Planning and Progress 2014 Study -- Continued 

Northwestern Mutual again explored the state of financial planning in America today to obtain insights into peoples attitudes and behaviors toward money, goal-setting and priorities. The 2014 study surveyed nearly 2,100 American adults 18 or older.

View additional findings

American Priorities 

Retirement Redefined 

Money and Retirement 




Priorities Among Americans

“Personal finances” and “personal health” are the top two priorities for Americans in 2014, ahead of things like “spending time with family and friends” and “career.” But prioritizing appears to stop short of taking action when it comes to personal finance.  While six in ten adults (60%) say their financial planning needs improvement, a large majority are not seeking professional help. Two thirds of Americans don’t have a long-term financial plan and 71% do not have a financial advisor.

Download Planning and Progress 2014 - Priorities Among Americans

According to the study, the majority (70%) of American adults feel that the economy will experience future crises, and that they need a financial plan to help them weather the ups-and-downs (52%). But only two in five agree their financial plan can withstand market cycles.

Who Uses Financial Advisors

According to the study, roughly three in ten U.S. adults choose to work with a financial advisor. A closer look at them reveals:

  • They’re focused – Sixty nine percent of those who use advisors consider themselves disciplined planners and 68% feel very financially secure.
  • They have more grey hair – Americans aged 60 and older are three times as likely as those aged 18-29 to use an advisor (41% versus 13%).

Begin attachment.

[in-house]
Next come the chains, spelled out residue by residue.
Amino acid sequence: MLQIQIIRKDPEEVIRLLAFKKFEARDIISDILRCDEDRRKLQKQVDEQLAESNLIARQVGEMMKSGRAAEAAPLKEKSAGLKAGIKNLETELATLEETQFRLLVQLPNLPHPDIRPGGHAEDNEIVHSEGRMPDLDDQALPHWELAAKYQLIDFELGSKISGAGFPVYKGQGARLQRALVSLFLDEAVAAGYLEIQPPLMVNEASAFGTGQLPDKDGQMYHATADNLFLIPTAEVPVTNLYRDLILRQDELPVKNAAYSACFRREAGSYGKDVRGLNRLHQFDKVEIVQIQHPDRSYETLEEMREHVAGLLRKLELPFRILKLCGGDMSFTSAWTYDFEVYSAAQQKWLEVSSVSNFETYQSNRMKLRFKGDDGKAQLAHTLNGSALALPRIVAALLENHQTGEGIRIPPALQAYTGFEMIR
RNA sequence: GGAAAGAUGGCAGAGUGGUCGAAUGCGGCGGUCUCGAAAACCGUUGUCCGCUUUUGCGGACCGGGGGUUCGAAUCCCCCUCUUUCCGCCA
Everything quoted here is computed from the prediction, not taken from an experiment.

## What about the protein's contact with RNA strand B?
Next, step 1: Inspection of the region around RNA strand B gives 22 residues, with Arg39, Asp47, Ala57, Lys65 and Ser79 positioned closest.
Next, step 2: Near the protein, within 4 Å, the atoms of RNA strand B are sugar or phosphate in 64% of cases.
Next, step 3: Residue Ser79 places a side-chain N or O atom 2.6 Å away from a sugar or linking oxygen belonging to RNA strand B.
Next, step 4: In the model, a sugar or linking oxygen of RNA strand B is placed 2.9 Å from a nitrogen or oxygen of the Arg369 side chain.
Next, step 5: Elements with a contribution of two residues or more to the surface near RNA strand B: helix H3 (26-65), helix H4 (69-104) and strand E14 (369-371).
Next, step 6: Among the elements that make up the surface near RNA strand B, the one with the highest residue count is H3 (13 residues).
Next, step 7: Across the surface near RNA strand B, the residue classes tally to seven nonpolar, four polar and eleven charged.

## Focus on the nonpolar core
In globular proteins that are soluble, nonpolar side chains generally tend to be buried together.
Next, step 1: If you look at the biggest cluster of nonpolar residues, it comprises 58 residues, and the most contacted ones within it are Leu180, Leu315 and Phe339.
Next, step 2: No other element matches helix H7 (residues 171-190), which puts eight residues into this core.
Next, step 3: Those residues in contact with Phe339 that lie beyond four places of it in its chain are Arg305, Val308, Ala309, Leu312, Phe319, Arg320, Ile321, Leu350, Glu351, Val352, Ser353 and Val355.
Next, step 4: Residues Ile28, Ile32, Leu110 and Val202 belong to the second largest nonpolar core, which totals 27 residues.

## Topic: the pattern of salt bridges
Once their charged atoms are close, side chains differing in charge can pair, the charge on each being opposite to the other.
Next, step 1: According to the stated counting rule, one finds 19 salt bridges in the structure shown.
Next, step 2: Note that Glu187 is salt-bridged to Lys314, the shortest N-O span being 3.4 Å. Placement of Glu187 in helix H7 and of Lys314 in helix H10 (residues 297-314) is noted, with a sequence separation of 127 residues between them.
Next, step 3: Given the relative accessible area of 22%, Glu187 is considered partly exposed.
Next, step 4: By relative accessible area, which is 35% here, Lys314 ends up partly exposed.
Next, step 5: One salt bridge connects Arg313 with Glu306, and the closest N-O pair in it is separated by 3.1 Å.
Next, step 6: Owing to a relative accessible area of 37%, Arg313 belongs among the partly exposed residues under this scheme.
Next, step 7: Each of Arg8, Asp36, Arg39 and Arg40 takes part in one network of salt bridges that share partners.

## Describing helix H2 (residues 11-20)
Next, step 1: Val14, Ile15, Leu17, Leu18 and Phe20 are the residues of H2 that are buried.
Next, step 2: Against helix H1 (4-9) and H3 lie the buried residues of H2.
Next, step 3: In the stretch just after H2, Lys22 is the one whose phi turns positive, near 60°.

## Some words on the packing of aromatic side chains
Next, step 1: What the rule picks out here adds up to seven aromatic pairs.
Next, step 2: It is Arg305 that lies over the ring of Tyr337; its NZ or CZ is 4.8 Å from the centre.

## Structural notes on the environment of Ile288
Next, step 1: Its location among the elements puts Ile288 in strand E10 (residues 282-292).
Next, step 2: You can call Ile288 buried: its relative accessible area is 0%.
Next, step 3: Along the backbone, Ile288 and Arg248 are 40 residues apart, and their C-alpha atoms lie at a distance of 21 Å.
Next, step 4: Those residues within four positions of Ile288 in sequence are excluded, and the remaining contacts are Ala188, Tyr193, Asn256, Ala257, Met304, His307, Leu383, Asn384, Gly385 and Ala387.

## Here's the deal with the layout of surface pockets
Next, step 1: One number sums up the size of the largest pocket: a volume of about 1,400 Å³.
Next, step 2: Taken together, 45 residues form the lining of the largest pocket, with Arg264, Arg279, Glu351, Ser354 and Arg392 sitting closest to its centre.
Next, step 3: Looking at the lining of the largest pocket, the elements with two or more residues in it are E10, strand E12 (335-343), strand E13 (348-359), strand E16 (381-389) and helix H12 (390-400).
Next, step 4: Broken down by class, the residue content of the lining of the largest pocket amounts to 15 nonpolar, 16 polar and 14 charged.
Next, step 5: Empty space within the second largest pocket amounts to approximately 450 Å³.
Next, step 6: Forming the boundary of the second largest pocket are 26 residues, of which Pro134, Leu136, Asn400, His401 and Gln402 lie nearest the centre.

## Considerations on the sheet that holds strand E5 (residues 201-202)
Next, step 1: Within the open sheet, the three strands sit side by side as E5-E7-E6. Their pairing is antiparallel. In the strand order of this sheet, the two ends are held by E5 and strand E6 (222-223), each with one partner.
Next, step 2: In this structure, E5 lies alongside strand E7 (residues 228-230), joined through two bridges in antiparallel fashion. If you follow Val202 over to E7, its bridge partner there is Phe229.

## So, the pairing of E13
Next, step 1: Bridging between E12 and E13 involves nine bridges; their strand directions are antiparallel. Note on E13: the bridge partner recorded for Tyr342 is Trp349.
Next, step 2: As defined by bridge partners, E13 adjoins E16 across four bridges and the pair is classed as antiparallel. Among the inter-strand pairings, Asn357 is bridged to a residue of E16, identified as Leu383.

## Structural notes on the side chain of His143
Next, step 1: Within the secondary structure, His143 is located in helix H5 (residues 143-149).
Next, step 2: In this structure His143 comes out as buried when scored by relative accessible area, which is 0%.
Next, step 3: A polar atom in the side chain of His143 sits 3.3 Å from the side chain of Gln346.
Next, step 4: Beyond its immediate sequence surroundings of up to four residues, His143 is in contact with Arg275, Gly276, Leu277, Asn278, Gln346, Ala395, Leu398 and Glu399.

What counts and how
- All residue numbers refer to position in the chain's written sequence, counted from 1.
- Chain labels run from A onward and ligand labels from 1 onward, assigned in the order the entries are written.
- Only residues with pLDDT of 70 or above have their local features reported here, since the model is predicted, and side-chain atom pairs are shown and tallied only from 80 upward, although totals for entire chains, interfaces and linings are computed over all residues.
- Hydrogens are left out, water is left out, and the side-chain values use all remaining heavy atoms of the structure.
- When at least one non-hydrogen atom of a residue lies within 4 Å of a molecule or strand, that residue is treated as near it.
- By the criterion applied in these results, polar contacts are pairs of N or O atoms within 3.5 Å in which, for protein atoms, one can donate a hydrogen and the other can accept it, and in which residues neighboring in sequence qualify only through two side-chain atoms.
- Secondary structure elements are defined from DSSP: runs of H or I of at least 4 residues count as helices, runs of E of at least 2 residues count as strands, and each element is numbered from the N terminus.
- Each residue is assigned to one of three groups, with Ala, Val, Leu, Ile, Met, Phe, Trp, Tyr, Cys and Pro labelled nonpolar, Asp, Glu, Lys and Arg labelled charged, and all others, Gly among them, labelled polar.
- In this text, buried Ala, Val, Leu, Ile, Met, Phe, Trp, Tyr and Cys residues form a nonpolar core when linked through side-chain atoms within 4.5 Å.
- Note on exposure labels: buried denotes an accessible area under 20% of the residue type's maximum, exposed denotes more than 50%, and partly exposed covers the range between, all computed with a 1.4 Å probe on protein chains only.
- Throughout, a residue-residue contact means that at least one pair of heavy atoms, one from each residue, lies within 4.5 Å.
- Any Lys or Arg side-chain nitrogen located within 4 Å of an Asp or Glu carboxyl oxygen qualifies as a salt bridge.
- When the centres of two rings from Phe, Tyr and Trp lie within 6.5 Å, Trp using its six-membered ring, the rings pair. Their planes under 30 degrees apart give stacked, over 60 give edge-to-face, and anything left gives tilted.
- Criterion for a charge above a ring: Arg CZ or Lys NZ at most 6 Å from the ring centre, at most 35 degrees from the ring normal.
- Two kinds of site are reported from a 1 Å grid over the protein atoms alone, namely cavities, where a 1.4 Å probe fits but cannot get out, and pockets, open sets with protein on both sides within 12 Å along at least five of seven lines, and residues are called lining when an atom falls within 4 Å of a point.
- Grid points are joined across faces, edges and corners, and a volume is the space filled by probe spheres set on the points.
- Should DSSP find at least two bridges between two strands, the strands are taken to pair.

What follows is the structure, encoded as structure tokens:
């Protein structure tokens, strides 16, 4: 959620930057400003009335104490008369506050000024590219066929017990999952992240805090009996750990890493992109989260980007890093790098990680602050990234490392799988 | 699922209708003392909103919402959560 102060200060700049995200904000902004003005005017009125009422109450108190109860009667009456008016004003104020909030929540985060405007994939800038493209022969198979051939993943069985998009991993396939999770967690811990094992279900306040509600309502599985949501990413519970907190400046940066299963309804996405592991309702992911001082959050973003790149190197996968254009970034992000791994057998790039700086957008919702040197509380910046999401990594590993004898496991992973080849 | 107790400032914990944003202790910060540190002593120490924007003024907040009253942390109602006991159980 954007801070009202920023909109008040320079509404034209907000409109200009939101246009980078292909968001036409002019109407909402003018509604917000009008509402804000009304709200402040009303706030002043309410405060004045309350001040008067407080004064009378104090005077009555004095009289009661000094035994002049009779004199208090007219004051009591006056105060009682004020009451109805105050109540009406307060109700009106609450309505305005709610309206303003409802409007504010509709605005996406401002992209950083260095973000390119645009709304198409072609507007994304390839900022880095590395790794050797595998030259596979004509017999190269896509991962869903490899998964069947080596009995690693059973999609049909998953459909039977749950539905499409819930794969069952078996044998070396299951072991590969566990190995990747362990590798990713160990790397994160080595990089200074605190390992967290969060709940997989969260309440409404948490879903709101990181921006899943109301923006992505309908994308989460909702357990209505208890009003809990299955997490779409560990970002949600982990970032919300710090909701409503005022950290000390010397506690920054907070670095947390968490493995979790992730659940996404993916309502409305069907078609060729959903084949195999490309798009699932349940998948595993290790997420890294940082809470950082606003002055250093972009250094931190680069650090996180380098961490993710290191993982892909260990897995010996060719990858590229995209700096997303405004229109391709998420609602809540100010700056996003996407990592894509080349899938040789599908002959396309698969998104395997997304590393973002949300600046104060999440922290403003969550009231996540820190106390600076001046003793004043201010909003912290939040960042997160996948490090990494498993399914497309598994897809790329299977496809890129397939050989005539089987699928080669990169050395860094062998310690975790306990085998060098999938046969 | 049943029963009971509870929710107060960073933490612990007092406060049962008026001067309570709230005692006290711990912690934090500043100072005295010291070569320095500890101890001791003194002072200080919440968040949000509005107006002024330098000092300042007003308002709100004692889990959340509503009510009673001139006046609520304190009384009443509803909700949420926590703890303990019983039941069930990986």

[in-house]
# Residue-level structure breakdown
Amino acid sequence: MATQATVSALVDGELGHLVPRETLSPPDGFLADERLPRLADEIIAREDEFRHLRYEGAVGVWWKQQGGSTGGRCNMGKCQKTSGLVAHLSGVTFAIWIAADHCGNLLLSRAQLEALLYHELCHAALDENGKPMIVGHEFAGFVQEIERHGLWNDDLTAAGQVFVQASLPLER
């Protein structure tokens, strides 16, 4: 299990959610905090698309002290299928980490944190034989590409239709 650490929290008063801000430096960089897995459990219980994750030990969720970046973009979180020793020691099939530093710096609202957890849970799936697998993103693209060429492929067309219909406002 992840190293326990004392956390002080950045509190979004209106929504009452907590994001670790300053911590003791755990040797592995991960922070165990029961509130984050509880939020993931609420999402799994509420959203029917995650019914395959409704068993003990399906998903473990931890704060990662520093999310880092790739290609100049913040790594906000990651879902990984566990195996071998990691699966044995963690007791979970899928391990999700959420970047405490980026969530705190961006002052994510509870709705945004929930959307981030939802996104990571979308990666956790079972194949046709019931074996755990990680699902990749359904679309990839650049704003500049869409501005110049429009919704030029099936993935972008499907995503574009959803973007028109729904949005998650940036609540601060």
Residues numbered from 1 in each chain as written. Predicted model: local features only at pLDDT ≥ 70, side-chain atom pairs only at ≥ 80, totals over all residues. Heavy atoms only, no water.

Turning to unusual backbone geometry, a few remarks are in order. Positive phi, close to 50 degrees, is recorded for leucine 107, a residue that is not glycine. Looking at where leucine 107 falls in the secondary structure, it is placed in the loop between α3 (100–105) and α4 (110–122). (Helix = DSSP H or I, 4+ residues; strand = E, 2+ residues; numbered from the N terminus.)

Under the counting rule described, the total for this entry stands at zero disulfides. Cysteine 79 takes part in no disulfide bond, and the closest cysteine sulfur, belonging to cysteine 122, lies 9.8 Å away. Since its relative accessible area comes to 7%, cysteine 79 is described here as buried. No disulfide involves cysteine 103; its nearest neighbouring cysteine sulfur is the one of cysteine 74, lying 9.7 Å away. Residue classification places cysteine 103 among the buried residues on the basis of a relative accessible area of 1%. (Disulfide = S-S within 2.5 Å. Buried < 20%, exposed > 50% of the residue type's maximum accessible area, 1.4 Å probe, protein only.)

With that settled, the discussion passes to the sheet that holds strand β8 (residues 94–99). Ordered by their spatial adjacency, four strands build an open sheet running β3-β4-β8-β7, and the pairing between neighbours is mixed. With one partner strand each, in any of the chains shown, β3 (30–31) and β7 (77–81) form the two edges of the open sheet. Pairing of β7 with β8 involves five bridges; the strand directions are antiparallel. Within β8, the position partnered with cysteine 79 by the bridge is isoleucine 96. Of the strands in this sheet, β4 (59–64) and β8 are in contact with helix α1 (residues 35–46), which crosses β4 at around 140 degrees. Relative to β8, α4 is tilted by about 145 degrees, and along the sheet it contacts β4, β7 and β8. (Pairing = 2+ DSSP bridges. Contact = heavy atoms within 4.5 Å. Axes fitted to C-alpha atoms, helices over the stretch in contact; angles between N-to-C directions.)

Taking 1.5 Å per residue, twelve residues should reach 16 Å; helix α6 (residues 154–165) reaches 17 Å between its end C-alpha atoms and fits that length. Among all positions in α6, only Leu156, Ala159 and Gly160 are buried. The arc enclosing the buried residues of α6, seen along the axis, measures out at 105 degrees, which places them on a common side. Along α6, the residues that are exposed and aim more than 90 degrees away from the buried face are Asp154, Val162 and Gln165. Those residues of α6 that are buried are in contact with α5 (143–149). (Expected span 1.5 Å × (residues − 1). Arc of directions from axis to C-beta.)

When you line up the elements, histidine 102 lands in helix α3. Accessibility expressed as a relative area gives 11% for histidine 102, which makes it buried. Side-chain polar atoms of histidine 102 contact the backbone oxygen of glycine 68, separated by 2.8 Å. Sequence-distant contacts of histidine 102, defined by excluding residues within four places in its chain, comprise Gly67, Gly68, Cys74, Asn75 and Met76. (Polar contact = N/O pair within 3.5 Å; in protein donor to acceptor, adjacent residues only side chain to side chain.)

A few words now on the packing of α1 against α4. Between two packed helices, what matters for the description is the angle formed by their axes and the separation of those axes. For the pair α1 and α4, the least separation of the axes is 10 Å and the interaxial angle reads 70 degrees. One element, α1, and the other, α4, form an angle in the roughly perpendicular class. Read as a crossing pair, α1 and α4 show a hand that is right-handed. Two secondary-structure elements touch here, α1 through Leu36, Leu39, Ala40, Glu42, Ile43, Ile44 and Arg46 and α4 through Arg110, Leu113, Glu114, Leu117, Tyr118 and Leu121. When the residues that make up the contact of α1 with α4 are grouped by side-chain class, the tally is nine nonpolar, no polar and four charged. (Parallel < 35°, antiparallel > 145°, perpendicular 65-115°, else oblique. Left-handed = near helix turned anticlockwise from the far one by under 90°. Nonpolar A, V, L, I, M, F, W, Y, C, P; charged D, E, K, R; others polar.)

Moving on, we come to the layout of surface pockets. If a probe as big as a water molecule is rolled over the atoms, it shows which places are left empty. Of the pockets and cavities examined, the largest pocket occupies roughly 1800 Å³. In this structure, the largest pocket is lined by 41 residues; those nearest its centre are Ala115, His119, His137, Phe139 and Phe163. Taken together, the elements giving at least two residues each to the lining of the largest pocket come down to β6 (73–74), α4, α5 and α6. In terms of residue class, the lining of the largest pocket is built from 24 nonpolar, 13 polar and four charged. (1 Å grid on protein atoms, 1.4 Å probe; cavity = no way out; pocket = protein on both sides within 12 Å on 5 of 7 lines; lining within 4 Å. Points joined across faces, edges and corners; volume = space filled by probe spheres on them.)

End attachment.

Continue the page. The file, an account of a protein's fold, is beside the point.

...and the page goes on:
• They have larger families – Those who are married or living with their partner are twice as likely as those not married to use an advisor (33% versus 17%), and parents are more likely to enlist the services of a professional financial advisor more often than those without children (34% versus 20%).

Staying Engaged

The Study found that, among American adults who do have long-term financial plans, too many are not taking the time to revisit them to help ensure they evolve with changing needs and goals over time. For example, the study found that one in four (25%) Americans with written financial plans review them quarterly and 30% review them annually.

Retirement Redefined

Significant differences exist between the attitudes and expectations of Americans who are currently working vs. those already retired, according to the most recent findings from Northwestern Mutual’s 2014 Planning and Progress Study.

Download Planning and Progress 2014 - Retirement Redefined

Most notably, the research suggests that substantial changes in retirement age and lifestyle are on the horizon, people expect to work longer, but a sizable number will do so by choice rather than necessity. Others – and there are plenty of them – aren’t as fortunate and don’t feel they’ll have the luxury of choice.

Among retirees:

  • The average age they retired was 59
  • The large majority (72%) say they are completely retired from working

Among those still working:

  • The average age they expect to work until is 68 (nearly a decade longer than the retirees in the study)
  • Nearly half (45%) say they will continue to work in retirement, not because they have to but because they want to